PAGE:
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New Tax Law Changes to Help You Right Now

We are sharing brief updates and resources that may be helpful as you navigate through the current health and economic crisis. If you prefer not to hear from us on these matters, simply reply to this message with unsubscribe in the subject line.

The few past weeks have seen the passage of two bills with important tax related benefits.  While many open questions remain on the mechanics for applying the changes, we are highlighting some items that might be of immediate interest.

Take up to $100,000 out of Retirement Accounts

During 2020 you can take a penalty-free withdrawal from your retirement account, to a maximum of $100,000, to aid with coronavirus related hardships. You will still be taxable on the income, but can divide the income (and, thus, the tax) among 3 years. You are also allowed to recontribute the funds to your retirement account within 3 years.

Another option is to borrow from your retirement account. The maximum amount for loans taken between March 27, 2020 and December 31, 2020 is increased from $50,000 to $100,000.  

NOTE: these provisions are only available for coronavirus related hardships as defined in the law. For additional details, please consult with your plan administrator.

Required Minimum Distribution Rules Suspended

The rules for required minimum distributions (RMDs) from retirement plans are suspended for 2020.

Rebates to Individuals

Tax rebates of up to $1,200 per individual and $500 per child have been authorized. The rebates are phased out for taxpayers with AGI over $75,000 single, $150,000 married filing joint, and $112,500 for head of household. The government is planning to make near term electronic deposits to your bank account using electronic deposit information from your previously filed tax returns, if provided.

IRS FAQs: https://www.irs.gov/newsroom/economic-impact-payments-what-you-need-to-know

Paycheck Protection Program – Expanded Loans to Small Businesses

Payroll Protection Loans of up to $10 million are available to COVID-19 impacted businesses:

•    The loans are guaranteed 100% by the Small Business Administration (SBA)

•    Businesses with 500 or fewer employees can borrow 2.5 times their average monthly payroll (with some adjustments), up to a $10 million maximum

•    The loans may be forgiven (won’t have to be repaid) for amounts used to cover up to 8 weeks’ worth of specified basic operating expenses

Practical details about the application process are still pending as of this writing, but should be available on the SBA website soon.

SBA Website: https://www.sba.gov

NOTE: Payroll Protection Loans are provided through your bank. It will be important to apply directly through an SBA approved lender.

Small Business Administration Disaster Loans

The Small Business Administration separately offers disaster area loans related to the coronavirus. These loans are issued directly from the SBA and do NOT include the option to have part of the loan forgiven.

https://www.sba.gov/disaster-assistance/coronavirus-covid-19

Employee Retention Credit

There is an employee retention credit for employers that are forced to fully or partially close due to the coronavirus pandemic. Eligible employers are allowed a credit against employment taxes for 50% of qualified wages.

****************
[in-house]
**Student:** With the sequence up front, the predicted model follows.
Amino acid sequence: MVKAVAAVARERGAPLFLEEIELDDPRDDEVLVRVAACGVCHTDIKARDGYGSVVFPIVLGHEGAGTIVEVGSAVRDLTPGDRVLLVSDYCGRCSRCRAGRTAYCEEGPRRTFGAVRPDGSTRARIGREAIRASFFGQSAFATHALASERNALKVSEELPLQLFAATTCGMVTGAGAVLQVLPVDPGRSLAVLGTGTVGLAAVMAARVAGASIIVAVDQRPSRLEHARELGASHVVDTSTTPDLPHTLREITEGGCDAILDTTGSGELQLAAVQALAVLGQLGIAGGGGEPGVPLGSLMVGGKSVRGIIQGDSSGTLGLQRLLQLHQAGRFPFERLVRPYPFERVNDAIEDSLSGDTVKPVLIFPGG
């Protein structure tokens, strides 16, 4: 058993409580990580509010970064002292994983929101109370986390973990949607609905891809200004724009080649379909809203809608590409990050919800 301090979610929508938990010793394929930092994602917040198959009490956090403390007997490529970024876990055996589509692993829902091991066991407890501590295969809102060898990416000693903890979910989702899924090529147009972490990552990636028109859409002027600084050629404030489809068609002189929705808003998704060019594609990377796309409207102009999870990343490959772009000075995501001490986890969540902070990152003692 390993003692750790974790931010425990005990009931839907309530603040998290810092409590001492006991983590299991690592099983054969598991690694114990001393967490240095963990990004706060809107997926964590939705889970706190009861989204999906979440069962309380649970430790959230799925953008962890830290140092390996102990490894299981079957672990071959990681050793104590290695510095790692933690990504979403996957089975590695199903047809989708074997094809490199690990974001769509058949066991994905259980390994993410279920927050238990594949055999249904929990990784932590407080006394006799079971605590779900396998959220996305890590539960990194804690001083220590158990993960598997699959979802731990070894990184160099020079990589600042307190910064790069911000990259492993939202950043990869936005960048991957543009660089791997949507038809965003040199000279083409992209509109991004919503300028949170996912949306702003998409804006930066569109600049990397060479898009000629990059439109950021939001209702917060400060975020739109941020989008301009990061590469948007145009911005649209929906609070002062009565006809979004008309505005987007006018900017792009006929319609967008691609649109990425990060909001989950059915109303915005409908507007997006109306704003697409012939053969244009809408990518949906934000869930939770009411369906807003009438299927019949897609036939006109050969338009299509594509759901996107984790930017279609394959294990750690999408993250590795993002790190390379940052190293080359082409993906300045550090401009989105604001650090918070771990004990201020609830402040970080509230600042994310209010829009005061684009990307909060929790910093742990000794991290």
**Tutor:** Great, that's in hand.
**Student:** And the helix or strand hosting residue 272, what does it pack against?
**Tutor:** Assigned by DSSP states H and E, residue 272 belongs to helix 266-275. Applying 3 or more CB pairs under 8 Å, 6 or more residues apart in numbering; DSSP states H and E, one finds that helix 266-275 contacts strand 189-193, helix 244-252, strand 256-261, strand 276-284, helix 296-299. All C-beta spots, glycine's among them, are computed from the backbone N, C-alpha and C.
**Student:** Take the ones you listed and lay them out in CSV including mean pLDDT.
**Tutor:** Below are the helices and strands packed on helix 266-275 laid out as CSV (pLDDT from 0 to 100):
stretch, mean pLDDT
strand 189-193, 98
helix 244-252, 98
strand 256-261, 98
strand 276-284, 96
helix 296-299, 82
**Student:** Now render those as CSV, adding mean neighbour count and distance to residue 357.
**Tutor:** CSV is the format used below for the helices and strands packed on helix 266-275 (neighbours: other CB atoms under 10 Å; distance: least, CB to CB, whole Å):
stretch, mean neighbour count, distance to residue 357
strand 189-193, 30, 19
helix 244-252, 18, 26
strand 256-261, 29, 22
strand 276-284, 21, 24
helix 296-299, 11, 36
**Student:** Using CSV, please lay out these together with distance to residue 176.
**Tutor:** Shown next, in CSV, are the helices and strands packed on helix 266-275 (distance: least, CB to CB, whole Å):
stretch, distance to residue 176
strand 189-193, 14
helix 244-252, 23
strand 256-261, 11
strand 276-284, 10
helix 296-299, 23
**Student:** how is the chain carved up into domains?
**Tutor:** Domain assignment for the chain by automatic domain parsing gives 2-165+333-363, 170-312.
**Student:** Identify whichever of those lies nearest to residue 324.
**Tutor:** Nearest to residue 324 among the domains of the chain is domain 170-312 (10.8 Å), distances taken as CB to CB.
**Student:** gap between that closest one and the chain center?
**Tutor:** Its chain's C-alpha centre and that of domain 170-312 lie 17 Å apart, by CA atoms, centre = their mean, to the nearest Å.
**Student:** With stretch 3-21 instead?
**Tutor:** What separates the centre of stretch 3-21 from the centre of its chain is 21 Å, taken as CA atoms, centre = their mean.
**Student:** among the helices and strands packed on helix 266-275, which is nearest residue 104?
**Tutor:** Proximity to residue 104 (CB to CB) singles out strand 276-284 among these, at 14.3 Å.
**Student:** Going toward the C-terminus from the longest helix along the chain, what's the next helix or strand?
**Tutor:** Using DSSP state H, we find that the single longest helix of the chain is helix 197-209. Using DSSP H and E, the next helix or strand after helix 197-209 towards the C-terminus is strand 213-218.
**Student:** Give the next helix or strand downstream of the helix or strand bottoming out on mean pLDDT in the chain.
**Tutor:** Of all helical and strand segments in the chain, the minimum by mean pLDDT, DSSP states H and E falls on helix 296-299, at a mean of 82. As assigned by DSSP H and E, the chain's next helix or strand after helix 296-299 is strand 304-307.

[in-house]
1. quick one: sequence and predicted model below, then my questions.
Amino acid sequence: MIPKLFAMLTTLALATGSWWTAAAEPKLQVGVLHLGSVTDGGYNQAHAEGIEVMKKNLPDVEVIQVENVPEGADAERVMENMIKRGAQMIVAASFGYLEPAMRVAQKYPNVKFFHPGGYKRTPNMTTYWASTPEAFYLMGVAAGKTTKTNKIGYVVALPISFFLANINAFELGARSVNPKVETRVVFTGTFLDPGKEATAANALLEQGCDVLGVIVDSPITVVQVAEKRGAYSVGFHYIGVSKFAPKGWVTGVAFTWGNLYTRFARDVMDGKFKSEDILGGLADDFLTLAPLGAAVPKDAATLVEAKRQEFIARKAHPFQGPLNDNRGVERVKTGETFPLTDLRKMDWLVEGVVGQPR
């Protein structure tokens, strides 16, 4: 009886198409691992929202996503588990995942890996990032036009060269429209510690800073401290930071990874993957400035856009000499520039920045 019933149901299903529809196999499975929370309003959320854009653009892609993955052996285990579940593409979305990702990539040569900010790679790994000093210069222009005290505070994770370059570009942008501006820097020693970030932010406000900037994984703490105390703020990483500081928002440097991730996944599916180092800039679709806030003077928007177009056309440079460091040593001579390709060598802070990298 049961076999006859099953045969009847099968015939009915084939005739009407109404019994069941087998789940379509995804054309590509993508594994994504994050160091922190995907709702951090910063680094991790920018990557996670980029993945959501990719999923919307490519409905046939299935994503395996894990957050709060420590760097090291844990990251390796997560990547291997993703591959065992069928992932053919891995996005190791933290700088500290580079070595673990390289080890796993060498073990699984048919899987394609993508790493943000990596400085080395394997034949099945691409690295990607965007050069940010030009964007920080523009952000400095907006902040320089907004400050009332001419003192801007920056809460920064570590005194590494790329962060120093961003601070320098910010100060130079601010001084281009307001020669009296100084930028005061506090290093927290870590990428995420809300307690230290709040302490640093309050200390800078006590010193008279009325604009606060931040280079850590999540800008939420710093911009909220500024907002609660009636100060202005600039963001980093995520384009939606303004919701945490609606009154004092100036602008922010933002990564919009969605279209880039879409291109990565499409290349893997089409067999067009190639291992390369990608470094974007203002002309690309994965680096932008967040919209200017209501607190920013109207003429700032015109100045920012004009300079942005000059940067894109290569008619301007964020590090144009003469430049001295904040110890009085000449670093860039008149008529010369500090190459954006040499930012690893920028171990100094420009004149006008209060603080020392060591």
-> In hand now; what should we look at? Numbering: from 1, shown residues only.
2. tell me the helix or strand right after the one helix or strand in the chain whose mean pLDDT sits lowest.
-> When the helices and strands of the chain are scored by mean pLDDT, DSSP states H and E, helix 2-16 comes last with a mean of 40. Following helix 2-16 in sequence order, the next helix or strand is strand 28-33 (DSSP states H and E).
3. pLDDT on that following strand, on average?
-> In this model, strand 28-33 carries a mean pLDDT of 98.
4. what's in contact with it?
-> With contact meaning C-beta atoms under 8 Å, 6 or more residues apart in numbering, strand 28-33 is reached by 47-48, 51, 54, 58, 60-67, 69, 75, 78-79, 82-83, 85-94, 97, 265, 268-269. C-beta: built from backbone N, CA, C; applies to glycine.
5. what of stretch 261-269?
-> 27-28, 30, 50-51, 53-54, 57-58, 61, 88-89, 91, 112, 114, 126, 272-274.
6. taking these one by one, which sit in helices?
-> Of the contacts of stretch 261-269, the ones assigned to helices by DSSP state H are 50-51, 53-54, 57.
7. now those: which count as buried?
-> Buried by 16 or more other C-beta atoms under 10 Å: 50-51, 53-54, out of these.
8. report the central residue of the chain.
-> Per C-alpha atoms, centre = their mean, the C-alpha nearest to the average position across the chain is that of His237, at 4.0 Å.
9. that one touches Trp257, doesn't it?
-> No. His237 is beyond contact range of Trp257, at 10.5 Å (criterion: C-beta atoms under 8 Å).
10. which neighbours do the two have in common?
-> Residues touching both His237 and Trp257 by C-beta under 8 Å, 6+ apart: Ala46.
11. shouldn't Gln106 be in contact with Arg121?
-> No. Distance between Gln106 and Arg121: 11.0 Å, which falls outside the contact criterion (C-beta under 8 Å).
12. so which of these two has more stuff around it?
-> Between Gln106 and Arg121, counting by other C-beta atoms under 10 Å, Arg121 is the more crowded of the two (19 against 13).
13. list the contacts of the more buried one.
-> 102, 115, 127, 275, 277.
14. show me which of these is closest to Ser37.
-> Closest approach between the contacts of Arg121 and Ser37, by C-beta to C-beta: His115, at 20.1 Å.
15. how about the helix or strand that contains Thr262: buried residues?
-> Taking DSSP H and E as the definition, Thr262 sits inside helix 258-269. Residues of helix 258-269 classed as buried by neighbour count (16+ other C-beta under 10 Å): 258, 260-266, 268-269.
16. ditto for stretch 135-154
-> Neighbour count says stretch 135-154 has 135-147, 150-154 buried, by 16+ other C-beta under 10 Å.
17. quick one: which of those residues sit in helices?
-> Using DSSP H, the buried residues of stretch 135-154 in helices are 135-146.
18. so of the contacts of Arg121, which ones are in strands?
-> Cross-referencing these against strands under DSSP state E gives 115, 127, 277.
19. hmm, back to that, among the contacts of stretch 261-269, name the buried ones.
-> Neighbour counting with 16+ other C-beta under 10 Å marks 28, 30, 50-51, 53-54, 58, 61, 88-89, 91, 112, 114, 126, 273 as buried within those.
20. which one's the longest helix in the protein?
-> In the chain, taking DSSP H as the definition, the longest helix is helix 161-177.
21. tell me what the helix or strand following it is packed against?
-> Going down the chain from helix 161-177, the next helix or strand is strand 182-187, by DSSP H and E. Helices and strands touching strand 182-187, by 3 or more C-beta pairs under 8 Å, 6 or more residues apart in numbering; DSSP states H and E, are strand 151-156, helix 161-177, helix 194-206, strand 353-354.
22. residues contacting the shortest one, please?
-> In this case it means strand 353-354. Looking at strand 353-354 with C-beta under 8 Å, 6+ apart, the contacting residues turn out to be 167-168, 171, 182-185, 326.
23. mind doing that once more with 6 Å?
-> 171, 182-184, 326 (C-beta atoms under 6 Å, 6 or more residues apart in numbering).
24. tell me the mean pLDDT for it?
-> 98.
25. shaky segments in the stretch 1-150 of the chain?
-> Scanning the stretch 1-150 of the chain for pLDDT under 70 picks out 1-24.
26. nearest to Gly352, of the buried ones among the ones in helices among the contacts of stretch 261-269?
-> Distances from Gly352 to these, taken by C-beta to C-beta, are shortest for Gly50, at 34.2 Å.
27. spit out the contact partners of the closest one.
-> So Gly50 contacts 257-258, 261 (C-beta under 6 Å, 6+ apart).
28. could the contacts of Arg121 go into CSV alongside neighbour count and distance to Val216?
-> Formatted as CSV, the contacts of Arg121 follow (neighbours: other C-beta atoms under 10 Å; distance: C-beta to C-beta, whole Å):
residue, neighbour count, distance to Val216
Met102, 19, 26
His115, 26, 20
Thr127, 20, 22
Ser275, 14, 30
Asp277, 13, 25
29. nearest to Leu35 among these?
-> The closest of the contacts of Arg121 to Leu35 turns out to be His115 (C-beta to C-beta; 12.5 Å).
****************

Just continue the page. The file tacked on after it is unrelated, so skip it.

NOTE: This credit is not available to employers who participate in the Paycheck Protection Program, above (no double dipping!). Additional guidance on the credit is pending.

Depreciation on Qualified Improvement Property

When the 2017 Tax Cuts and Jobs Act was passed, it was advertised that you would be able to take an immediate write off for most improvements to your business property.  However, a technical error in the law prevented taxpayers from receiving this intended benefit. This technical error has now been fixed retroactively to the date of passage of the 2017 act. As a result, some previously filed returns may be worth amending for refund.

Paid Leave

Employers and self-employed individuals need to take note of the new paid leave rules going into effect April 1st.

The Department of Labor has provided resources for employers to help them understand their obligations and to aid in implementation:

  • Fact Sheet for Employers

https://www.dol.gov/agencies/whd/pandemic/ffcra-employer-paid-leave

  • Questions and answers

https://www.dol.gov/agencies/whd/pandemic/ffcra-questions

  • Information to provide employees (NOTE: notification to employees of their rights is REQUIRED)

https://www.dol.gov/sites/dolgov/files/WHD/posters/FFCRA_Poster_WH1422_Non-Federal.pdf

  • Dollar for dollar federal payroll tax credits are available to offset the cost to employers (up to the stated maximums)

https://www.irs.gov/newsroom/treasury-irs-and-labor-announce-plan-to-implement-coronavirus-related-paid-leave-for-workers-and-tax-credits-for-small-and-midsize-businesses-to-swiftly-recover-the-cost-of-providing-coronavirus

For self-employed individuals, an income tax credit is provided with similar maximums, but the refund won’t occur until filing personal returns in 2021.

Unemployment Insurance

https://www.edd.ca.gov/about_edd/coronavirus-2019.htm

Expansion of Qualified Medical Expenses

Some law changes can be oddly specific, and this item is one of those. The law expanded the definition of qualified medical expenses to include certain over-the-counter products. Specifically, monthly menstrual supplies. As a result, such purchases can now be made using HSA or FSA funds, should you wish to do so.

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